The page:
I don’t approach it as an adult humoring a child (he’s in his 20s) the way a lot of other adults approach him. I just approach him as someone who I “get” in ways that I don’t get typical people. I guess what I’m trying to say is, a difficulty relating to others doesn’t necessarily have roots in my being objectively deficient at communicating. I can often communicate with my nephew and with other people who have a similar communication style (or who learn my communication style) in a very fluid shorthand way. Unfortunately for me, most other people having a very different default communication style. When our innate communication is different from the majority, it’s easy for us to get branded as “unable to relate” which feels unfair. It’s like saying that someone who doesn’t speak the same language as you must have something wrong with them because they can’t understand what you’re saying. But shouldn’t that go both ways?

    Ugh, this got really long and ranty. I’m resisting apologizing yet again. :-/

    Like

    Reply
    1. Mados

      There is absolutely no reason to apologise! I really appreciate your input very much! And I love long comments!

      And thanks for the lovely story with your nephew:-)

      The quote makes it sound like being unable to communicate is the fundamental deficit and everything else is symptoms but I think that having a neurological processing disorder is the fundamental deficit and the communication barriers we face are symptomatic of that.

      I like the way you think about this… it is smart to turn the pattern of causes & effects on its head rather than just accept one thing being THE cause of everything else out of inertia.

      I also think the whole mixed package of neurological processing difficulties & differences of autism should be considered a part of the causes for a person’s communication difficulties and that social acceptance is part of the whole social success VS failure equation. I too agree that these difficulties should not be confused with a lack of an ability to relate where the real issue is a different ability to relate… because that robs the person of the motivation to seek the ways he/she can relate.

      And I also agree that autism is too multilayered to be summarised as a single trait.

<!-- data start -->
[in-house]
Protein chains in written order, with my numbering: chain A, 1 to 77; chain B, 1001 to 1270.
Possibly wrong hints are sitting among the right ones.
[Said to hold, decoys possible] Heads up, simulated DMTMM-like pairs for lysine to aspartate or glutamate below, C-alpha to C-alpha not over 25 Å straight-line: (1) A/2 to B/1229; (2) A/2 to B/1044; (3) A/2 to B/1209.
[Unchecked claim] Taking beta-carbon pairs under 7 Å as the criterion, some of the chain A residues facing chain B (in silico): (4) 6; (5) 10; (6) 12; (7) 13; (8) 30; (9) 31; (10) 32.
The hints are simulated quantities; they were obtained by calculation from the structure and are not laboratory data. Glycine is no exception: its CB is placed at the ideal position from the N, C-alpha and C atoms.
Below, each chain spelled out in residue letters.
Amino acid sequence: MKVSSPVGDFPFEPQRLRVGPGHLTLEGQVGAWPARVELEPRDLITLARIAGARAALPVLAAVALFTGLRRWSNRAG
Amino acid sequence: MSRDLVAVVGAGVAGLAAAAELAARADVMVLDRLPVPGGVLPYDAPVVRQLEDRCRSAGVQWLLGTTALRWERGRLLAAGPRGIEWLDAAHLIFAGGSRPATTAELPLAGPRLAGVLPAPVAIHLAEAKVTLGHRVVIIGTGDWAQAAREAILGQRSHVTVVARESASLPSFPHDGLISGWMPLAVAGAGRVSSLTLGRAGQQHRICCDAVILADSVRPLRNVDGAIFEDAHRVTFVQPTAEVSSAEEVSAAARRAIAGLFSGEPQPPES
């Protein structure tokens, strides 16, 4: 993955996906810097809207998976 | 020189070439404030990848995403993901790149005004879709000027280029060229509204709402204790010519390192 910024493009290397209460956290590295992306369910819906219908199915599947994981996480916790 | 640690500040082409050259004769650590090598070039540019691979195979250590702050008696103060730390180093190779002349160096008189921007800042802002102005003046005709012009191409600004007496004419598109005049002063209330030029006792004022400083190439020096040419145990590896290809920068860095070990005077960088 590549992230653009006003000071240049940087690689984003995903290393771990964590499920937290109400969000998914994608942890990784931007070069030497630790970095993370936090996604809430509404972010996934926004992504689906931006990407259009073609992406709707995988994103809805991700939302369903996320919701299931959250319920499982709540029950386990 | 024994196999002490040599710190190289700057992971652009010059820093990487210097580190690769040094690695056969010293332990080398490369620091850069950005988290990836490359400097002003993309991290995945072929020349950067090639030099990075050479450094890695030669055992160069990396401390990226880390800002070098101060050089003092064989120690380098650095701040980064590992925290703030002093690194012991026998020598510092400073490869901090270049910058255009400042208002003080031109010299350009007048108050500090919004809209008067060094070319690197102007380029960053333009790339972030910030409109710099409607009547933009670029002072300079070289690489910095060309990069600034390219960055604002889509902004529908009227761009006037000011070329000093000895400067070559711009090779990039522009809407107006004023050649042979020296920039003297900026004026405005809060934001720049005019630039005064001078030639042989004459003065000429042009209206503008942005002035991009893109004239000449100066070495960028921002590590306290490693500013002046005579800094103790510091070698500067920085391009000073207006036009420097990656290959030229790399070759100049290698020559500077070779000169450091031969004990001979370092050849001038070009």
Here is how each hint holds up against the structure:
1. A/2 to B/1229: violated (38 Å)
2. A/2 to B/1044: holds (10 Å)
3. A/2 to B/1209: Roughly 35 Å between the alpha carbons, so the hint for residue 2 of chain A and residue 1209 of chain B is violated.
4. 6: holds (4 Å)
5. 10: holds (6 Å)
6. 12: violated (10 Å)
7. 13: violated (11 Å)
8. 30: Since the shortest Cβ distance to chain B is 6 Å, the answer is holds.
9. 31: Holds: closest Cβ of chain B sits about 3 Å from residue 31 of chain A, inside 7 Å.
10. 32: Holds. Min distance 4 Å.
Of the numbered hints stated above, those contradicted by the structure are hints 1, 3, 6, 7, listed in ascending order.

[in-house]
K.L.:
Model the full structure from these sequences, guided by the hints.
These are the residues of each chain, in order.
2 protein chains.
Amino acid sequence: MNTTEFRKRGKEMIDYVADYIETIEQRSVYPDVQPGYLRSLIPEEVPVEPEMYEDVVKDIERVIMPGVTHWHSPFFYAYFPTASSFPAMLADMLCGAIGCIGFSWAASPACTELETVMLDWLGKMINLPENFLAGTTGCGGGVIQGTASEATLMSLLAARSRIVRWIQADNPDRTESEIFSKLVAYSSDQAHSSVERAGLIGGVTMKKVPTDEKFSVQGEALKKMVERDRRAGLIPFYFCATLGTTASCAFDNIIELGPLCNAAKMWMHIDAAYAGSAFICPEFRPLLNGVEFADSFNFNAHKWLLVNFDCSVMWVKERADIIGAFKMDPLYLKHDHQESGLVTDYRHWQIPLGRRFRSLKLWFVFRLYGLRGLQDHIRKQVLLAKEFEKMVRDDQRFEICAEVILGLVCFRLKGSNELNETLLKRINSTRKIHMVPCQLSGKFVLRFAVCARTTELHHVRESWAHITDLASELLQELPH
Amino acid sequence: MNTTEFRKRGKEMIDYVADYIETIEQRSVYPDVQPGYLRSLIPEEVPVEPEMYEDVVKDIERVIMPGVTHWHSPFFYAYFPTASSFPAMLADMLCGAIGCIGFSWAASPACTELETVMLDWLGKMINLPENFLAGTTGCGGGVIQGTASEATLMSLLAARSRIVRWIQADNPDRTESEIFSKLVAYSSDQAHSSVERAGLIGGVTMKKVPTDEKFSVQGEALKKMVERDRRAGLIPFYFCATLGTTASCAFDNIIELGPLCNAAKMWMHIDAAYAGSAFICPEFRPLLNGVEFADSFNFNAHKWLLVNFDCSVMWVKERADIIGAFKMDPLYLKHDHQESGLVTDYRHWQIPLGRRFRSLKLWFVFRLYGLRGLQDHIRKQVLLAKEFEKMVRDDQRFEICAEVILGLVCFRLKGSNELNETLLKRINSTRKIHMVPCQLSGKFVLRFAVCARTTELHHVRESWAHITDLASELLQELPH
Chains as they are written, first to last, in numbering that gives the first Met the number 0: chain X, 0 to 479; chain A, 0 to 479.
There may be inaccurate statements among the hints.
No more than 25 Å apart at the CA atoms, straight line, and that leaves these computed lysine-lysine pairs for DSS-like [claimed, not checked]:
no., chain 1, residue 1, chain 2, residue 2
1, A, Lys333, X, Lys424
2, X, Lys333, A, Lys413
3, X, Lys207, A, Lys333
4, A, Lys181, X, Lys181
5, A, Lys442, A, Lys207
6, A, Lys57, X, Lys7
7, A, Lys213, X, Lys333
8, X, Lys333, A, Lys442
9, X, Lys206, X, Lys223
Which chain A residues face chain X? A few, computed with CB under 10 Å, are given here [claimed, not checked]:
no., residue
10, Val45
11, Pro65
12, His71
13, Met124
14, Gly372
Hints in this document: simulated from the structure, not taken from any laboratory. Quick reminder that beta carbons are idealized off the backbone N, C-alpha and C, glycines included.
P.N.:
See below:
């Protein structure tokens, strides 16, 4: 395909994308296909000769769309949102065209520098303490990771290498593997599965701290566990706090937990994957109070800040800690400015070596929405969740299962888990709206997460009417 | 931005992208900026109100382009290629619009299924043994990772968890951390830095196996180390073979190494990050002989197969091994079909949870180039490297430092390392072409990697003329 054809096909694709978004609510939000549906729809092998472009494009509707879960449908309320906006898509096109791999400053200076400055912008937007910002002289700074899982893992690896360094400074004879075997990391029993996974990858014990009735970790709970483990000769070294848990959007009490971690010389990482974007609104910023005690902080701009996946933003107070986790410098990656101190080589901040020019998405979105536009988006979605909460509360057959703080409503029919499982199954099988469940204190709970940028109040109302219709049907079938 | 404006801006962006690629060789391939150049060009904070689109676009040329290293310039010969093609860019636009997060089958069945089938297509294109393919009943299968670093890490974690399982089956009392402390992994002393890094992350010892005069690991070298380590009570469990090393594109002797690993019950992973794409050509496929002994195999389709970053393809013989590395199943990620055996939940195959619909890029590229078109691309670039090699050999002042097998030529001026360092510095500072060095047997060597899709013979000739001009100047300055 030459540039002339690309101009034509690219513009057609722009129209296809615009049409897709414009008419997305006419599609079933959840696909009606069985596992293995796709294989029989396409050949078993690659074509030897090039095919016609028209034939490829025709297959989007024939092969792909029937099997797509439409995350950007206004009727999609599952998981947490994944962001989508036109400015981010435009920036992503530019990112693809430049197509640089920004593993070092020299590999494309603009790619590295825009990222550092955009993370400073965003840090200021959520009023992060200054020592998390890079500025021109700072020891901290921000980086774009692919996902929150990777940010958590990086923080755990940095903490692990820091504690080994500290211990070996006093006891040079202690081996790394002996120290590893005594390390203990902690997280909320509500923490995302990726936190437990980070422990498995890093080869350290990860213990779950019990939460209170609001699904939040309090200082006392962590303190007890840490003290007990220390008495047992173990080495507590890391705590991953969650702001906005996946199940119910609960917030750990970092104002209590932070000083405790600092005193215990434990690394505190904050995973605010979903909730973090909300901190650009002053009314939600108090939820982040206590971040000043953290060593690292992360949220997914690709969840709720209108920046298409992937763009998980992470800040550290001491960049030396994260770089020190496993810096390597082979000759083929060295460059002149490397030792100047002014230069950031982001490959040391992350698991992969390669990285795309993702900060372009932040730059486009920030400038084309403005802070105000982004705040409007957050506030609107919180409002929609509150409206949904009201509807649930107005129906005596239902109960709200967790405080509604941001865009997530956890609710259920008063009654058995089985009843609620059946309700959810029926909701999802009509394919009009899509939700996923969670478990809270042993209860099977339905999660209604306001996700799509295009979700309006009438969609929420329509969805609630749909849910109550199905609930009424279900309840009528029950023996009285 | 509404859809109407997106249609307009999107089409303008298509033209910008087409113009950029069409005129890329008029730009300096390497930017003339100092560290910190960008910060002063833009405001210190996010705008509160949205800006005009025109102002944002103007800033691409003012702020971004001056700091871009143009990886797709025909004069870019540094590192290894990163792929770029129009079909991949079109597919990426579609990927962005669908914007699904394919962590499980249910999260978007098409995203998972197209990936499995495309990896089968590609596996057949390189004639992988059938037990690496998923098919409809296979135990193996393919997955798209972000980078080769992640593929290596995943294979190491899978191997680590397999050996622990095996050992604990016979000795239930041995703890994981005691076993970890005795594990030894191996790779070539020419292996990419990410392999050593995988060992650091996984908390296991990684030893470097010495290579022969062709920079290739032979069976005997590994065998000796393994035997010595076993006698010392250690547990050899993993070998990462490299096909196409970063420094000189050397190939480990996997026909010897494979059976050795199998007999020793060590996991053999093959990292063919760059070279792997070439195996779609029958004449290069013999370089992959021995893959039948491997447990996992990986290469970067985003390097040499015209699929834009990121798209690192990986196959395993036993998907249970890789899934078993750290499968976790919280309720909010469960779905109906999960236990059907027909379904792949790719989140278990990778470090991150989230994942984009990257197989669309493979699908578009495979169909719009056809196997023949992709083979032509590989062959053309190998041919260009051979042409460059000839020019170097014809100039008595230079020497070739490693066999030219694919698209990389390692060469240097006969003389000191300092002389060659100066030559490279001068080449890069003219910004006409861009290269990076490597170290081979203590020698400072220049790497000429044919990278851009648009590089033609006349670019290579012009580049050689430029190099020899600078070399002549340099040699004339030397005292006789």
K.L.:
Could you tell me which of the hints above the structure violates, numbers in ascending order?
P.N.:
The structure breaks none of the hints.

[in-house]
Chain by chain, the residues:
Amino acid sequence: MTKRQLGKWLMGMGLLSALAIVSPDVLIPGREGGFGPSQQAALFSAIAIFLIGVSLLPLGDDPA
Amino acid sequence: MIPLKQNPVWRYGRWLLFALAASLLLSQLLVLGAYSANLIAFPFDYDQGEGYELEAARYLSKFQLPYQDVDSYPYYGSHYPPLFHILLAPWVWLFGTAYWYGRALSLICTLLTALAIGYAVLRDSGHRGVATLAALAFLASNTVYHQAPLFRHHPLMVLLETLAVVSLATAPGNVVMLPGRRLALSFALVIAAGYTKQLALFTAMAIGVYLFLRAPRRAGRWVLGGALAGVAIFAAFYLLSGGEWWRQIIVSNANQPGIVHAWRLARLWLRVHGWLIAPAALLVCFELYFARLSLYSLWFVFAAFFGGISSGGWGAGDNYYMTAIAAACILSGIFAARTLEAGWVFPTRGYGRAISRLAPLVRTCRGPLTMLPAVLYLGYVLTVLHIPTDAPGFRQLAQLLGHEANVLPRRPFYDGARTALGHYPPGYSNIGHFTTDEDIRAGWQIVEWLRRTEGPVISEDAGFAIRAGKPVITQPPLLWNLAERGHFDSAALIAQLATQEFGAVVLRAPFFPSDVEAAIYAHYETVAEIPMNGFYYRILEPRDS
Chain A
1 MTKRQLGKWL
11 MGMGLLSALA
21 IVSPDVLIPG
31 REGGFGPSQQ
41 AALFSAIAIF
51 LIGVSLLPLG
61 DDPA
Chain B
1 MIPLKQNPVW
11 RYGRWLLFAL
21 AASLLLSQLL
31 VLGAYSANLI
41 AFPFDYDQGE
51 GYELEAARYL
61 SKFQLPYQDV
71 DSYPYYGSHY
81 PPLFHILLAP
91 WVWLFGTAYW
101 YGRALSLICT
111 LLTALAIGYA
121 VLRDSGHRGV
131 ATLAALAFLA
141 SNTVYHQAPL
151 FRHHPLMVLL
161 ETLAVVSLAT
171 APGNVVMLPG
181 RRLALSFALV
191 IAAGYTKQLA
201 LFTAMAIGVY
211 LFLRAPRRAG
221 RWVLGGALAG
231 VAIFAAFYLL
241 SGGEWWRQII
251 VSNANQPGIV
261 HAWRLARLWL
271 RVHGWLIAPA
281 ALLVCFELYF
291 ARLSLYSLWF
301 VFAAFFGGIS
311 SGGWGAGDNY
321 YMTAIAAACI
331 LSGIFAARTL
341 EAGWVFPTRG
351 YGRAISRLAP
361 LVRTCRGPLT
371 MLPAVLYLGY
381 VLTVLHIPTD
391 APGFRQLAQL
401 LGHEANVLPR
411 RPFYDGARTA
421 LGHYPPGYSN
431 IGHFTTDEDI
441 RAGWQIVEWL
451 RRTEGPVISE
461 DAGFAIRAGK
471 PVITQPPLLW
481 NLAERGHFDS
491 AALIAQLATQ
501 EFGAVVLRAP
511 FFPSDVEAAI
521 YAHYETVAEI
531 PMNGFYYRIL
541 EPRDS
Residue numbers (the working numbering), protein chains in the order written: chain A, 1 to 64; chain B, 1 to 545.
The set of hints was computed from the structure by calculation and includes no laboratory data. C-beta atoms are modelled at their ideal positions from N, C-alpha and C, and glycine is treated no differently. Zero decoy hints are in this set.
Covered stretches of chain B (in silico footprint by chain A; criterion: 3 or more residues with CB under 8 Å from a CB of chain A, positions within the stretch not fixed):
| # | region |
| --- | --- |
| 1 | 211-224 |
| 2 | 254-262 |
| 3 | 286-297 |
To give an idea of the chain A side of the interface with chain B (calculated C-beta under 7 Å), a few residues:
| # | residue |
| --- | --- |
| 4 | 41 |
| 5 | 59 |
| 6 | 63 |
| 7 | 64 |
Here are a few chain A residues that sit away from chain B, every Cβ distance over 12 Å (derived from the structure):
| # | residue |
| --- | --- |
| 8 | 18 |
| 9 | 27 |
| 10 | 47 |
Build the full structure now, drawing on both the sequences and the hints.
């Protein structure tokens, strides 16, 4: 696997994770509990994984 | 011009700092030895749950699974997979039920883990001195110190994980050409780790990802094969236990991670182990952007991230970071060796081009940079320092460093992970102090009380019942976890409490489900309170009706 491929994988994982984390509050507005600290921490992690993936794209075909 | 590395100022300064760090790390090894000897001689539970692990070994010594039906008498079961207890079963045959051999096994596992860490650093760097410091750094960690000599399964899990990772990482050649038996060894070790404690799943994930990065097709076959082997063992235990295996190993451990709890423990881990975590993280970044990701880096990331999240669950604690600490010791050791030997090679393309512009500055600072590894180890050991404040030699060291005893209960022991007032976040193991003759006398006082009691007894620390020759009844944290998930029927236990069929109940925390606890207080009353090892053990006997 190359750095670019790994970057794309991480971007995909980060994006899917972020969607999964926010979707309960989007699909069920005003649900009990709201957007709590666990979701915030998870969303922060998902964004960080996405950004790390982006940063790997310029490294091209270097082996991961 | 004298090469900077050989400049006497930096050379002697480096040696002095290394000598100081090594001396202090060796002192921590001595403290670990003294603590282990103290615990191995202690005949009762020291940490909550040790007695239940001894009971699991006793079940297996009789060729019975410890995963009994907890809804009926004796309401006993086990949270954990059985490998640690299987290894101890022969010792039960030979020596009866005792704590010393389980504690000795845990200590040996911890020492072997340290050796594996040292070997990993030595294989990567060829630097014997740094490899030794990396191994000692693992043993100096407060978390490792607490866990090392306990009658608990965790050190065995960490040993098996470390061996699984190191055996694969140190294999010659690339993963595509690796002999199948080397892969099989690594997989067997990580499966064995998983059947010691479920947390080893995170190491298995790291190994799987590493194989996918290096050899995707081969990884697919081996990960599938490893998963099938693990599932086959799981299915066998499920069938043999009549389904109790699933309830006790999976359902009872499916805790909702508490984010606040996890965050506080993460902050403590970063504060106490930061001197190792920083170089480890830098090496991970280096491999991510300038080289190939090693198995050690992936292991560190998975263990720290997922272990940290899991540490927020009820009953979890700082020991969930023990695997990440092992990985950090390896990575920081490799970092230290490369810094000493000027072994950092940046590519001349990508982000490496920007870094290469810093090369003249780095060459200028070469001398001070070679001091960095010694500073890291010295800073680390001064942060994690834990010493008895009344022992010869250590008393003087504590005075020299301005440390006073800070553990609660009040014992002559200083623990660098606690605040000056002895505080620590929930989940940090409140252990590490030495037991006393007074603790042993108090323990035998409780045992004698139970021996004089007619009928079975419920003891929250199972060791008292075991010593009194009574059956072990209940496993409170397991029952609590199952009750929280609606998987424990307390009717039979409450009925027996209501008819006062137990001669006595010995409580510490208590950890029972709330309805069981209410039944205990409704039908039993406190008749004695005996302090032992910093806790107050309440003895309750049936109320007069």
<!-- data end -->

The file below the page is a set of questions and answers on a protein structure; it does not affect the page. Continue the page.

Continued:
Also, from my current point of view (as expressed in the “Thanks” post), the ability to relate is no longer my biggest social problem…

      However: the statement resonate with me in relation to my own past history, and also observations in a past job where I worked in an institution for mostly non-verbal autistic teenagers.

      As for myself, I feel that while processing factors have played a big factor in my isolation through most of my youth, the key factor was actually that I did not grasp the general concept of others’ perspectives, their personalities and feelings et.c. When I was a kid, this resulted in behaviours named selfish, spoiled, hysterical et.c and also sometimes violent and insensitive behaviour (in hindsight), but overall I still sort of “passed”. Underneath it all I did not see a connection between my behaviours and others’ feelings, or my feelings and their feelings, or their feelings across different points of time. Whatever people did was in that present moment only and had nothing to do with what had happened to them previously or underlying feelings and meanings – it did not occur to me. In hindsight, other kids my age were clearly focussed on the expected feelings of especially adult family members like their parents, forecasting how people would feel as a result of actions or things happening. I found that strange, but not particularly interesting, just something to be puzzled about for a brief moment and then go on as usual.